A Guide to Handwriting

This refers to the construction of letters when making manual inscriptions. For some, handwriting is purely a form of art, where the precision and neatness of presentation are the main focus. Some others may believe it to be a universal skill that’s often taken for granted. Again, others may consider it a functional tool that lets them put ideas on paper quickly and effortlessly. For those belonging to the last group, the script’s look is less important than its fluency.

Just as speech is a form of verbal expression, handwriting is a form of written expression. It’s a vital life skill and a significant part of literacy. That’s why parents need to encourage their children to develop an interest in handwriting. They can do it by giving their kids opportunities to scribble, draw, and write. This way, they can prepare their children for formal handwriting they’ll learn at school.

Handwriting for toddlers and preschoolers is all about drawing and scribbling with chalk, crayons, and pencils. Older children are taught formal handwriting at school. Handwriting skills help children develop spelling and reading skills. It also improves their ability to recall information. Children who can write legibly and smoothly are often found to be better able to use writing to put down their ideas and thoughts on paper. When handwriting is automatic, the child’s ideas tend to flow seamlessly and easily. In addition to helping them handle their school lessons and other tasks, handwriting skills can also become useful for students later in their lives for tackling chores like signing documents, filling forms, writing birthday cards, etc.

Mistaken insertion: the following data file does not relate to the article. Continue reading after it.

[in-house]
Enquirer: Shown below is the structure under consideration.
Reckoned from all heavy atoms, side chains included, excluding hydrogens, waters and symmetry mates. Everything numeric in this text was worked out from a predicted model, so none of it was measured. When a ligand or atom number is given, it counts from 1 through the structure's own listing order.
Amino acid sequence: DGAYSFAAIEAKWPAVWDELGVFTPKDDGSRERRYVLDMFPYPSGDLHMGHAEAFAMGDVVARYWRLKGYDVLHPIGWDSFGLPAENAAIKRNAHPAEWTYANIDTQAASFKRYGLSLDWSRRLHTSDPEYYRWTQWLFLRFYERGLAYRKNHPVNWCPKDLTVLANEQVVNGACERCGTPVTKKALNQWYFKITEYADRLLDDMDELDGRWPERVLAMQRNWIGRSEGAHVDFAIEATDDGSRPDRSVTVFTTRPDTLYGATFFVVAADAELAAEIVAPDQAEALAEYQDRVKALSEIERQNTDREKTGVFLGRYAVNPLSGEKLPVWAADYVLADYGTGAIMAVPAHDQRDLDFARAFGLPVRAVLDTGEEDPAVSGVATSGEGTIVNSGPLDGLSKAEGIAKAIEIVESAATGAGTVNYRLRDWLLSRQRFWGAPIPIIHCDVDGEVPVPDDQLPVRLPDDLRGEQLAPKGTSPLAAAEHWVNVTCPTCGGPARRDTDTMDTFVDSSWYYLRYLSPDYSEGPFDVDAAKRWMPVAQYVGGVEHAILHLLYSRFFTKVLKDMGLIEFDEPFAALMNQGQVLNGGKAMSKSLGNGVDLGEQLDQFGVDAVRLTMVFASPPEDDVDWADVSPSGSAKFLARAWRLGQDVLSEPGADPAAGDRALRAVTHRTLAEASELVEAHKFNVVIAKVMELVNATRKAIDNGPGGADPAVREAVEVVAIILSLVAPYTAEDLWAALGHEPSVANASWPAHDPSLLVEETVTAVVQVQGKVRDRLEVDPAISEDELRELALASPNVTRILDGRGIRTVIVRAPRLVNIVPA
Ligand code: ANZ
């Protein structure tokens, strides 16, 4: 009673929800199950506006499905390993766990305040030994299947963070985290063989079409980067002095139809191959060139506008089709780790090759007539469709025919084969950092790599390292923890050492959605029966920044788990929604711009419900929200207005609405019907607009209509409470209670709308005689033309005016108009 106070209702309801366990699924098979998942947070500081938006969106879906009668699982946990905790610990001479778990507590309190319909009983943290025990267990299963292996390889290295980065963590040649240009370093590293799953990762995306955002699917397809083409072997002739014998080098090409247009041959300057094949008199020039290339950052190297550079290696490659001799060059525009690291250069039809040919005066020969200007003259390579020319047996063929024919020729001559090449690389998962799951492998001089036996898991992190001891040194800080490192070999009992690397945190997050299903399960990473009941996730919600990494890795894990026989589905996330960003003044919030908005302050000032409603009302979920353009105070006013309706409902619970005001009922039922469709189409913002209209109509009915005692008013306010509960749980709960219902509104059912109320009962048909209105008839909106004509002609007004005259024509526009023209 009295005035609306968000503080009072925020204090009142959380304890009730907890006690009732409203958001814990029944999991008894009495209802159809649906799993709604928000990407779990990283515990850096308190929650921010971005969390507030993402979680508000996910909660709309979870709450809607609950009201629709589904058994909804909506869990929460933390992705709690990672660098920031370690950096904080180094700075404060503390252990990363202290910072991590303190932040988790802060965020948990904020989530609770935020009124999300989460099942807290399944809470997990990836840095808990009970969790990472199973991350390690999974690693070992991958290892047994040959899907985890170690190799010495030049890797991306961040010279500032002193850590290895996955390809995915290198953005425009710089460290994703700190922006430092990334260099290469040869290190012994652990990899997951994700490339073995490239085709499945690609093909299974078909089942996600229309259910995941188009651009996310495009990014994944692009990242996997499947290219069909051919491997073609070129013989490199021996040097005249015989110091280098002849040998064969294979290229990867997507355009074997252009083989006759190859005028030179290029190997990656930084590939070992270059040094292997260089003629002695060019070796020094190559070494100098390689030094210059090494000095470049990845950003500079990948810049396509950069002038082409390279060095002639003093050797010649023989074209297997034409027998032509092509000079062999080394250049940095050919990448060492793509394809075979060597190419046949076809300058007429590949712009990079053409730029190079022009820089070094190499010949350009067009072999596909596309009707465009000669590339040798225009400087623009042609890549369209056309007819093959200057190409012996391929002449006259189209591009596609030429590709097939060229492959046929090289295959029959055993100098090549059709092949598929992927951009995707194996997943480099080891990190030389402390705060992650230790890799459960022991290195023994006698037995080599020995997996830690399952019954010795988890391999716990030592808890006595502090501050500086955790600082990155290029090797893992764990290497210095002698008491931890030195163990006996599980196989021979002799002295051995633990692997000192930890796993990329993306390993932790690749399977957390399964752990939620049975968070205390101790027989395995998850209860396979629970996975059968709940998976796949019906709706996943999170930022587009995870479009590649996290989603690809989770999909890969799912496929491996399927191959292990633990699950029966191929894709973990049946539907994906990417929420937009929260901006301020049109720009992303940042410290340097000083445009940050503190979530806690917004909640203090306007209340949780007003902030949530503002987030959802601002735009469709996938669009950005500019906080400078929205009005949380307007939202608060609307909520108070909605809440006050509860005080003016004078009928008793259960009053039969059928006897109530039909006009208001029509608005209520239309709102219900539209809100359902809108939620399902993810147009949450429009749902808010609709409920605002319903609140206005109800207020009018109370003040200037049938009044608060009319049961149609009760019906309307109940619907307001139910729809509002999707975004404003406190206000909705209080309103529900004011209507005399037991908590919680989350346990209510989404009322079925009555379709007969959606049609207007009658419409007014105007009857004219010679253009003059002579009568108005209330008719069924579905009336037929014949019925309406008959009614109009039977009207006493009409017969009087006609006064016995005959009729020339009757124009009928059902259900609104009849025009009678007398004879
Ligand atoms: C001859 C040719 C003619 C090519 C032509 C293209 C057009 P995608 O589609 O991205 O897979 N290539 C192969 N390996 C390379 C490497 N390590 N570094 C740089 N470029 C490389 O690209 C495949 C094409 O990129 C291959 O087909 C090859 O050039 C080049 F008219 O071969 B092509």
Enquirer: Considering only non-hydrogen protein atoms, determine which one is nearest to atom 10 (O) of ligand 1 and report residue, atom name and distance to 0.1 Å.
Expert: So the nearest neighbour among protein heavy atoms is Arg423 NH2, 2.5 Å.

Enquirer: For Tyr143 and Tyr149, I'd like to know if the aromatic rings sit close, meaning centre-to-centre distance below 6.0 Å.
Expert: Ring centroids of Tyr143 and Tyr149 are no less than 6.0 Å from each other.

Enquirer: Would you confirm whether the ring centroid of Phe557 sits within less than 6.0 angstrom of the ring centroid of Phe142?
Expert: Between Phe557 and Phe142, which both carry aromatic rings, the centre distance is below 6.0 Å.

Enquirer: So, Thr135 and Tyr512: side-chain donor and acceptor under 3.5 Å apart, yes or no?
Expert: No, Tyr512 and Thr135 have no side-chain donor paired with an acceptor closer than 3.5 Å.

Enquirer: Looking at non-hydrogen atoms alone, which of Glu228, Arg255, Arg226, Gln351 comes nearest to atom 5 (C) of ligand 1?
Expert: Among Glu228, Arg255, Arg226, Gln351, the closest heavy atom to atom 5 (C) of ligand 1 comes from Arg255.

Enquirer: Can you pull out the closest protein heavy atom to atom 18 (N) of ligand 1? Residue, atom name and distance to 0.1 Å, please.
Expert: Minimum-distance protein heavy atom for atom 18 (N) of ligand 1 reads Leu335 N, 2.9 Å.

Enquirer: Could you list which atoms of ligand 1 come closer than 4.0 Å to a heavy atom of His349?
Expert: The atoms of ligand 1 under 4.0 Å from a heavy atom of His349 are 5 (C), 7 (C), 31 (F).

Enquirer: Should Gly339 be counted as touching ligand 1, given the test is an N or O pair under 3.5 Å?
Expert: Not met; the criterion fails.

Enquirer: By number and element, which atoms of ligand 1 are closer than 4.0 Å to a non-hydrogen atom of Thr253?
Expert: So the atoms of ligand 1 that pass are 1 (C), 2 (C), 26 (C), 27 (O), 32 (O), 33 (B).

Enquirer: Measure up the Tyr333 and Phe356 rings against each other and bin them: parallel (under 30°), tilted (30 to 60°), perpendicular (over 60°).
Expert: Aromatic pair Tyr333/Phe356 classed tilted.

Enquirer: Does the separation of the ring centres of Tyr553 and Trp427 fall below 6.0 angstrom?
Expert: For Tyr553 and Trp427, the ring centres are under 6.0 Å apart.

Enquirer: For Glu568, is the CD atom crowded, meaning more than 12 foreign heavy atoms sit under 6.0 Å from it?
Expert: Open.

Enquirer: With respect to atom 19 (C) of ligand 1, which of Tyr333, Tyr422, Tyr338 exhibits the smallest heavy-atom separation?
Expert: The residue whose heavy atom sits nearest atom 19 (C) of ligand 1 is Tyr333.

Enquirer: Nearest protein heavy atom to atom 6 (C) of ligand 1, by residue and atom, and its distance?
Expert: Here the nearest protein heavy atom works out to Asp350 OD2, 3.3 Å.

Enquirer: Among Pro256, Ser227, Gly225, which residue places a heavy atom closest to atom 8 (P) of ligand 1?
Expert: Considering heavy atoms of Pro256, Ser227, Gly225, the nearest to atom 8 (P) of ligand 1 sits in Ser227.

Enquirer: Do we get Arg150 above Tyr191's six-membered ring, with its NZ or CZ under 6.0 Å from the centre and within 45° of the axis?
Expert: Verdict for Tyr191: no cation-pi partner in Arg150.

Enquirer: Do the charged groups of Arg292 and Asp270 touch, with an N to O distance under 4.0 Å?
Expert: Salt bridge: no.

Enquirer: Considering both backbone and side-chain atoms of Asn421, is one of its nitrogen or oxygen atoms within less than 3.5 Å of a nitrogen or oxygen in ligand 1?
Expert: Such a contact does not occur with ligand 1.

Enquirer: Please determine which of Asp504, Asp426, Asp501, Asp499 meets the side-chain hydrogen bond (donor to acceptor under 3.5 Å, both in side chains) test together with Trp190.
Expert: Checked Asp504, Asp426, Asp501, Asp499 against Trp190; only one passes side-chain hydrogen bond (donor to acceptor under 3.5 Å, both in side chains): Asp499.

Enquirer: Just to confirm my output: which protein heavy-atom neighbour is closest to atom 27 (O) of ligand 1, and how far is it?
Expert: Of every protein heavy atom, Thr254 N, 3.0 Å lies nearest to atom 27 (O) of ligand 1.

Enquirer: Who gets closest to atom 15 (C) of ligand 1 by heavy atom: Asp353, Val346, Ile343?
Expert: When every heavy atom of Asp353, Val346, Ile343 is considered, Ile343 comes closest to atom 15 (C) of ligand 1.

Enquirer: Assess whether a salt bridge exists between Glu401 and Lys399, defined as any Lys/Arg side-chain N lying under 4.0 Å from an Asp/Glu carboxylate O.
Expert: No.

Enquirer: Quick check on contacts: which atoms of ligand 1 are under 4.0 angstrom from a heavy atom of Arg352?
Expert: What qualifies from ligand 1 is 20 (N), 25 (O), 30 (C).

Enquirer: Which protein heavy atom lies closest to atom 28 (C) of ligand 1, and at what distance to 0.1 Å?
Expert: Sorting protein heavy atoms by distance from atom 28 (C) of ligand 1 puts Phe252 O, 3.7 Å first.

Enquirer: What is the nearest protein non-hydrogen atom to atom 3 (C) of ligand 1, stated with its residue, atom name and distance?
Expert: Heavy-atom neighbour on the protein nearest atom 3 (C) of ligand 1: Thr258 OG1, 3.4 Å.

Parents can try different activities like the ones mentioned below to build their child’s handwriting skills and confidence:

·         Make practicing fun: Parents can use simple anagrams or word puzzles to make writing practice fun and engaging.

·         Experiment with paper rotations: A good writer should be able to write on any kind of paper. Parents can experiment by changing the type of paper weekly, say from a ruled paper to a white paper, and ask their child to write the same thing on both.

·         Provide the right tools: If a child struggles with a regular pencil, parents should give him a shorter, kid-sized one. They should also provide him with a good eraser to ensure he’s not afraid of making mistakes.

Bring variety in daily practice: From writing a few lines to scribbling and doodling, parents should bring variety in their child’s daily handwriting practice.

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